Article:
BAUTAIN Luis Eugène Marie— philosopher and theologian, b. February 17, 1796 in Paris, d. October 15, 1867 in Paris.
He began his studies in 1814 in L’École Normal in Paris where he was a student of Victor Cousins, among others. In 1817 he became lecturer in philosophy in the Collège Royal in Strasbourg and in the faculty of humanities in that university. In 1822 he resigned from full university functions and began medical studies. He also began to work on creating his own philosophical system. In 1825 he returned to the position from which he had resigned, and in 1828 he was ordained a priest. In 1849 he became the vicar general of Paris and a preacher, and then became a professor of moral sciences in the faculty of theology in Paris.
While still in Strasbourg he became familiar with German philosophy, but he rejected it for post-Kantian idealism and Cousin’s eclecticism. A meeting with the German female mystic M. L. Humann led to a radical change in Bautain’s views, whereby he discovered in Catholicism an answer to a question that had been haunting him: What, in essence, is philosophy? The answer was: it is the beginning and the end-goal of life. Therefore the main object of Bautain’s investigations, as a believer and a philosopher, became the relation between philosophy and religion, between reason and faith. At times he was inclined to rationalism, other times to fideism, depending on the circumstances in his life and the philosophical influences affecting him.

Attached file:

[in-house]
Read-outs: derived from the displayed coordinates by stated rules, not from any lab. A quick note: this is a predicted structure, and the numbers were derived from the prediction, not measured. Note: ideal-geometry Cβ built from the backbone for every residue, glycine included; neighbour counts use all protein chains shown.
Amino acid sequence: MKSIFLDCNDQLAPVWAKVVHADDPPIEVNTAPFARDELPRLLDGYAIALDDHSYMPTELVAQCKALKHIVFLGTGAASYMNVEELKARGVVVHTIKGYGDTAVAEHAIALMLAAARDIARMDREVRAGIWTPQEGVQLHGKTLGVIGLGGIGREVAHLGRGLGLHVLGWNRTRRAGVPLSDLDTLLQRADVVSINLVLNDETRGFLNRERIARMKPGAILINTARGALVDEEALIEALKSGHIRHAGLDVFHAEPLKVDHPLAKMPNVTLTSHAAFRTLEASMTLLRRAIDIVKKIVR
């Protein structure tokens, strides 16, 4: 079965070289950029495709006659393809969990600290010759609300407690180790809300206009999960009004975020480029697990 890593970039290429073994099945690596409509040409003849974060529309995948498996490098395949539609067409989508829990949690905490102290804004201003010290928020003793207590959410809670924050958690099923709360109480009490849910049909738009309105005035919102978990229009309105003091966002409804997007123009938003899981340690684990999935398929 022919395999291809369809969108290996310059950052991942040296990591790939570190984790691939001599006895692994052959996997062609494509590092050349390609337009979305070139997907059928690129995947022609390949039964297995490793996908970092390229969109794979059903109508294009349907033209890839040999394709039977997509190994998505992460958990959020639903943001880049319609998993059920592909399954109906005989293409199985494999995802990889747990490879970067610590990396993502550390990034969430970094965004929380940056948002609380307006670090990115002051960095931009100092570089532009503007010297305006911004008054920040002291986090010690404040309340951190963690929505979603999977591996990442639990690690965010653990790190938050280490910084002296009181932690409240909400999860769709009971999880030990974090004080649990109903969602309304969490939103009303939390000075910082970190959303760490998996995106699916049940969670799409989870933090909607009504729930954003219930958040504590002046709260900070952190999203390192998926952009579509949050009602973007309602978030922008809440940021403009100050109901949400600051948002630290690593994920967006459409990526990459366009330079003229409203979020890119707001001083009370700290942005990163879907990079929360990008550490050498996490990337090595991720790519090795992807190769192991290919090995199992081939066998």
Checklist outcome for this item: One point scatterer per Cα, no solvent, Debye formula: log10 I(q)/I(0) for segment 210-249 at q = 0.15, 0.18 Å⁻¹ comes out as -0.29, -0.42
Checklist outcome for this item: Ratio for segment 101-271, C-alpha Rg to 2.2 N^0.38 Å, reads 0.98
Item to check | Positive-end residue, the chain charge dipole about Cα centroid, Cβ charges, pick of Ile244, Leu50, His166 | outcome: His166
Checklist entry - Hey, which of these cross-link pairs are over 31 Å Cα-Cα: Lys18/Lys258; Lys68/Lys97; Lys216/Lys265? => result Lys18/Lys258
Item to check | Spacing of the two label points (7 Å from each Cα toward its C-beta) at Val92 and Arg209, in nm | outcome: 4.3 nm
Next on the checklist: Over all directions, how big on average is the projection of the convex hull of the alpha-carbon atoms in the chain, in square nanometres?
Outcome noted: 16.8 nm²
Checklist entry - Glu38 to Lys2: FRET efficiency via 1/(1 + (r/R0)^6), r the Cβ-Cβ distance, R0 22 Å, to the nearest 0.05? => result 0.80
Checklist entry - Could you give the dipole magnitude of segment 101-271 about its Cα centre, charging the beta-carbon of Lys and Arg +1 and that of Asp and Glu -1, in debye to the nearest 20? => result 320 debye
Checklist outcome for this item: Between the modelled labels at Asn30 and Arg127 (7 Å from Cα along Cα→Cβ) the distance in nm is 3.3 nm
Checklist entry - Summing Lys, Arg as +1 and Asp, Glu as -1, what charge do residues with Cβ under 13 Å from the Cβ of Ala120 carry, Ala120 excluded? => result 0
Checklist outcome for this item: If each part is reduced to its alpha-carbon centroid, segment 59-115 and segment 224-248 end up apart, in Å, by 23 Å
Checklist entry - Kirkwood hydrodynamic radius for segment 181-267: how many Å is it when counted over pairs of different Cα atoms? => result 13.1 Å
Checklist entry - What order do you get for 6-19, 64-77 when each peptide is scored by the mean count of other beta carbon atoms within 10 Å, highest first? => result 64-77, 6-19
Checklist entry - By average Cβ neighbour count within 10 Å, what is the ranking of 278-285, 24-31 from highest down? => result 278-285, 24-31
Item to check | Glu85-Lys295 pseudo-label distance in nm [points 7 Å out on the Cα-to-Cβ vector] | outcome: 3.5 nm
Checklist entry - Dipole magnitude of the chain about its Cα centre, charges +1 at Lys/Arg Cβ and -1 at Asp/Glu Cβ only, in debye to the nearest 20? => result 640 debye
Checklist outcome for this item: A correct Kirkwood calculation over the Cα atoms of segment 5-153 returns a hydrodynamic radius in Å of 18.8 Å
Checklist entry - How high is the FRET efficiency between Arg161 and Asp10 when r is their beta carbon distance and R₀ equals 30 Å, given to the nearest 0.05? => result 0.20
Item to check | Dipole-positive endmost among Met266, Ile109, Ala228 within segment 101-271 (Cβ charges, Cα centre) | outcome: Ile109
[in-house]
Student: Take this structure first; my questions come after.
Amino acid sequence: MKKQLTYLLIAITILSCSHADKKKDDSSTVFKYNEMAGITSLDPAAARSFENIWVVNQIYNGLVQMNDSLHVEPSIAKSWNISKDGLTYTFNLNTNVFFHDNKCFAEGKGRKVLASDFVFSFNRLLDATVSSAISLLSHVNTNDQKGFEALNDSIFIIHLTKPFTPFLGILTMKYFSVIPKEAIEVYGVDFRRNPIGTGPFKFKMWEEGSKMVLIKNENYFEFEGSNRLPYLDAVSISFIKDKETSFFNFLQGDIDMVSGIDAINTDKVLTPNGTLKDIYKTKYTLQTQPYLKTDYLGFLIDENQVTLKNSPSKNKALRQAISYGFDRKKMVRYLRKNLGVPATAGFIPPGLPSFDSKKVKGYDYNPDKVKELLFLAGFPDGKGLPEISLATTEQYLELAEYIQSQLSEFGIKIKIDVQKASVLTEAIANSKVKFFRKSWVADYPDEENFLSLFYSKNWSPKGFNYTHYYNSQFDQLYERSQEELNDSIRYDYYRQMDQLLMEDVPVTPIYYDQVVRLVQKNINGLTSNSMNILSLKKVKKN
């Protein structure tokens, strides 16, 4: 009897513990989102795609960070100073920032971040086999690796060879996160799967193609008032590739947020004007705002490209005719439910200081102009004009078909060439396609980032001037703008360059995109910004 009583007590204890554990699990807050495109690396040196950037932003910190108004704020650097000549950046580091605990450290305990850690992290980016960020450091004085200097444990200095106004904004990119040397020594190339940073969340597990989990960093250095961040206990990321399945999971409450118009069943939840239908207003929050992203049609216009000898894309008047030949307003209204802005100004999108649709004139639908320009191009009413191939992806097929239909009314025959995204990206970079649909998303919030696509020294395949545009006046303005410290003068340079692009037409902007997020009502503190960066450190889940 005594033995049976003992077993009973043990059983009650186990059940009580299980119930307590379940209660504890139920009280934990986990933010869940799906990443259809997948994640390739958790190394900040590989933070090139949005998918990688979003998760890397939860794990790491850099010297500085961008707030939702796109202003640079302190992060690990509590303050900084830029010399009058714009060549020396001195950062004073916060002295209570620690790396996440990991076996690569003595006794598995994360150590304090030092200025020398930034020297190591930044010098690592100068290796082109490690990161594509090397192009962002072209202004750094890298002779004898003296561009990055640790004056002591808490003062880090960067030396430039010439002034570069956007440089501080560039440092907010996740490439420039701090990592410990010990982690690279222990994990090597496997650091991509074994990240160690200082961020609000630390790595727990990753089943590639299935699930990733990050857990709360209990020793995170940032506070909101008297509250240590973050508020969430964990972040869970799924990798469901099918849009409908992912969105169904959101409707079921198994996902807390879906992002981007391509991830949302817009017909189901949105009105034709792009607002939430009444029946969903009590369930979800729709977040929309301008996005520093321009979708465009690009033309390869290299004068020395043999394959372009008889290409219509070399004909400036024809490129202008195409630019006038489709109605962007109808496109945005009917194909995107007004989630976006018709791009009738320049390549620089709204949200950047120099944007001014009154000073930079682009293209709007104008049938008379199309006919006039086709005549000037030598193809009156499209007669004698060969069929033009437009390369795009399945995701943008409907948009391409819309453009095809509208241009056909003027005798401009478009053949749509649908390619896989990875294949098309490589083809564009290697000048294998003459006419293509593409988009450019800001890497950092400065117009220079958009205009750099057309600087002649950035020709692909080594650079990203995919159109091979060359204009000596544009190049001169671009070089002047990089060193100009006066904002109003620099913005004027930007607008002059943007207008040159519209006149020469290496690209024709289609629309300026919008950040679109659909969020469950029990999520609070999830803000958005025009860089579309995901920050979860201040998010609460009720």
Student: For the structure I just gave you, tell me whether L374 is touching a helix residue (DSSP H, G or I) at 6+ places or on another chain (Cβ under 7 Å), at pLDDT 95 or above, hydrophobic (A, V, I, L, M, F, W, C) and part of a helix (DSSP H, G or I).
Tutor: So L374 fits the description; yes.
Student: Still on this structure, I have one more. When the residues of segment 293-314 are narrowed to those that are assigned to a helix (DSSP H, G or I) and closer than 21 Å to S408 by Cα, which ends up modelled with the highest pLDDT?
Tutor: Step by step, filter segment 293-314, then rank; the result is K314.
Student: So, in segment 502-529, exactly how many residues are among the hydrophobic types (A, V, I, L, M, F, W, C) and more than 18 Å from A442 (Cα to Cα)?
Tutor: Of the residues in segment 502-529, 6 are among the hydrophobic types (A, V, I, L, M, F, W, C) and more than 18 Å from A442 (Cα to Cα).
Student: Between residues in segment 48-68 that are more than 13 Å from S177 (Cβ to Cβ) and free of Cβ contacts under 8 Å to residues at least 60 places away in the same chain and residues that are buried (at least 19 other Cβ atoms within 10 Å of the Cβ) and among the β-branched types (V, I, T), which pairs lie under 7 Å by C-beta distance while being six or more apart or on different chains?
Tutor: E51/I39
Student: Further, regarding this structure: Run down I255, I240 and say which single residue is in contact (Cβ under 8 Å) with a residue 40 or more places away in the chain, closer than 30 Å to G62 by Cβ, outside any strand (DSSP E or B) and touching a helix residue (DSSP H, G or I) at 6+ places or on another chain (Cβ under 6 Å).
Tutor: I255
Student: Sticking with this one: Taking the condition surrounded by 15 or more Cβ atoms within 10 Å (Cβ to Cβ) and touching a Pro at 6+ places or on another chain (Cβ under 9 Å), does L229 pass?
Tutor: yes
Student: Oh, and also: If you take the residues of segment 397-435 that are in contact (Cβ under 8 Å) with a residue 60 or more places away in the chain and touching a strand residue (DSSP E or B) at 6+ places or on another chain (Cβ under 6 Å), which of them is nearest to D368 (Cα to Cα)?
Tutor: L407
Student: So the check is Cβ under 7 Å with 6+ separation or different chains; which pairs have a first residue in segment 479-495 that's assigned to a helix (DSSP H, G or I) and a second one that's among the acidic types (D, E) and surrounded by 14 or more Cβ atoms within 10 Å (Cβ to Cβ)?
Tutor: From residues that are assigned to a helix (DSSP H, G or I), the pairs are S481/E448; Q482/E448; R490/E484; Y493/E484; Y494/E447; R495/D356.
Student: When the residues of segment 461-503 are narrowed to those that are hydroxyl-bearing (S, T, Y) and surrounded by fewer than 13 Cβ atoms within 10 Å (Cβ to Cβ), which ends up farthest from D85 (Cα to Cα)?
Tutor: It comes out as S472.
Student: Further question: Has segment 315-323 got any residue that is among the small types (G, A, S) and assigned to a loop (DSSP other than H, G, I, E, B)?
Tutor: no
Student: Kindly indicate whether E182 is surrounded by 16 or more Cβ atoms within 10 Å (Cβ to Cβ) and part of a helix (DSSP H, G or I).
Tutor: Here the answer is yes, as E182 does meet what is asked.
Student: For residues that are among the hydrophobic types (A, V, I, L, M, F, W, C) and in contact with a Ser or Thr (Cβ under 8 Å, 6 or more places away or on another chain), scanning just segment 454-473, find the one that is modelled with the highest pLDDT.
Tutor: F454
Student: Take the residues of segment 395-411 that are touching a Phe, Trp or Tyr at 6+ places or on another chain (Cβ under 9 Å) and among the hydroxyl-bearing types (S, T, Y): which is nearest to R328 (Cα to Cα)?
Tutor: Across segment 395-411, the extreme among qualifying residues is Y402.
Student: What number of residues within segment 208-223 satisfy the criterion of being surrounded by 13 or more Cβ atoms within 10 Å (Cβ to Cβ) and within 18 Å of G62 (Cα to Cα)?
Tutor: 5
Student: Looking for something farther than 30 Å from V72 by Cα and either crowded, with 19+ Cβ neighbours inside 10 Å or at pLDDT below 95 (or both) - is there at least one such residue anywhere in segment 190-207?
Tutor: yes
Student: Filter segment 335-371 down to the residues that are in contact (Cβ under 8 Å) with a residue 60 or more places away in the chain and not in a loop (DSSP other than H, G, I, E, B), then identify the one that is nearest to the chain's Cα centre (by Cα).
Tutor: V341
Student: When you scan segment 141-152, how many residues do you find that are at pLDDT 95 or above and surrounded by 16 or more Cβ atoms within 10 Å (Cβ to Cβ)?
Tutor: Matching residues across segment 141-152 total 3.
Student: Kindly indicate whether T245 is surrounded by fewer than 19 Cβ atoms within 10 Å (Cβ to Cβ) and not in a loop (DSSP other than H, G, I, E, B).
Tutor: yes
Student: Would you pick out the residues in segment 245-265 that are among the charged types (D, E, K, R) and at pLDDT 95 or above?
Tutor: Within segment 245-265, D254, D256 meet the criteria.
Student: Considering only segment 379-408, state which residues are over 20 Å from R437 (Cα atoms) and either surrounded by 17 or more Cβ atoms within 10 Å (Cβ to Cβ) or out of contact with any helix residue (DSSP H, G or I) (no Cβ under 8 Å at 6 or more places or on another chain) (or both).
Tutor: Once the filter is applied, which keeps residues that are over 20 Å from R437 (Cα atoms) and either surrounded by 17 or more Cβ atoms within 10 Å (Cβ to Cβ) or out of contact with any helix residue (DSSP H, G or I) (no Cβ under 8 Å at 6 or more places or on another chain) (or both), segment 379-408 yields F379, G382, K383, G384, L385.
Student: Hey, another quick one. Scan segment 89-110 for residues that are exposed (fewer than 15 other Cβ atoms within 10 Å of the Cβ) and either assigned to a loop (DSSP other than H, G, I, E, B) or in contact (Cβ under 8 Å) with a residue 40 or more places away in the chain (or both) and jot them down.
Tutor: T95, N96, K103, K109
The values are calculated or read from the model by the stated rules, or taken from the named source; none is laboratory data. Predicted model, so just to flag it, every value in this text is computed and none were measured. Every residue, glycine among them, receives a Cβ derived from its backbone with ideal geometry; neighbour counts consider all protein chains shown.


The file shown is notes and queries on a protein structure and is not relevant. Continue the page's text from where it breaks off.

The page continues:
In 1818 he published Leçons dicitèes de philosophie morale, a work in the field of morality in which he supported ethical system of Fichte and stated that the moral goodness of an act is based on the independence of the will from external influences and from spiritual desires and needs. Pure freedom, an idea created by the reason, which has no counterpart in the material world, constitutes the end of human life.
In Courrier littéraire in 1823 Bautain pointed to Kant, according to whom the reason is incapable of achieving depth in the areas of metaphysics and morality. Bautain extended Kant’s thinking, and thought that the reason does not have within it any integrating intellectual power nor any ability of deduction and induction; philosophical thought should therefore be based on Revelation, and morality should be based on humility. This statements gave his philosophy a fideistic character.
In his 1827 treatise La morale de l’Évangile comparée à la morale des philosophes, he stated that the Bible is the only safeguard against the claims of philosophy. Philosophical thoughts should begin from faith—this sequence of reflection is the condition for all cognition, every science and morality.
Bautain took a different position in his 1833 work De l’Enseignement de la philosophie en France au XIXe siècle, in which he held that there is in the reason a special ability to reach religious and moral truths; the principle of this certainty is found in Divine Revelation passed on by Christianity. It was the misfortune of past ages that they separated faith from science, and treated both these areas as irreconcilable. Therefore philosophy, in order to lead people to faith, a faith grounded by natural cognition and science, must present Christian principles as the foundations of science. The Church did not accept this conception of “scientific faith” as it was proclaimed by Bautain. In 1834, the Bishop of Strasbourg condemned Bautain’s views and prohibited him from preaching. Pope Gregory XVI reaffirmed the bishop’s position.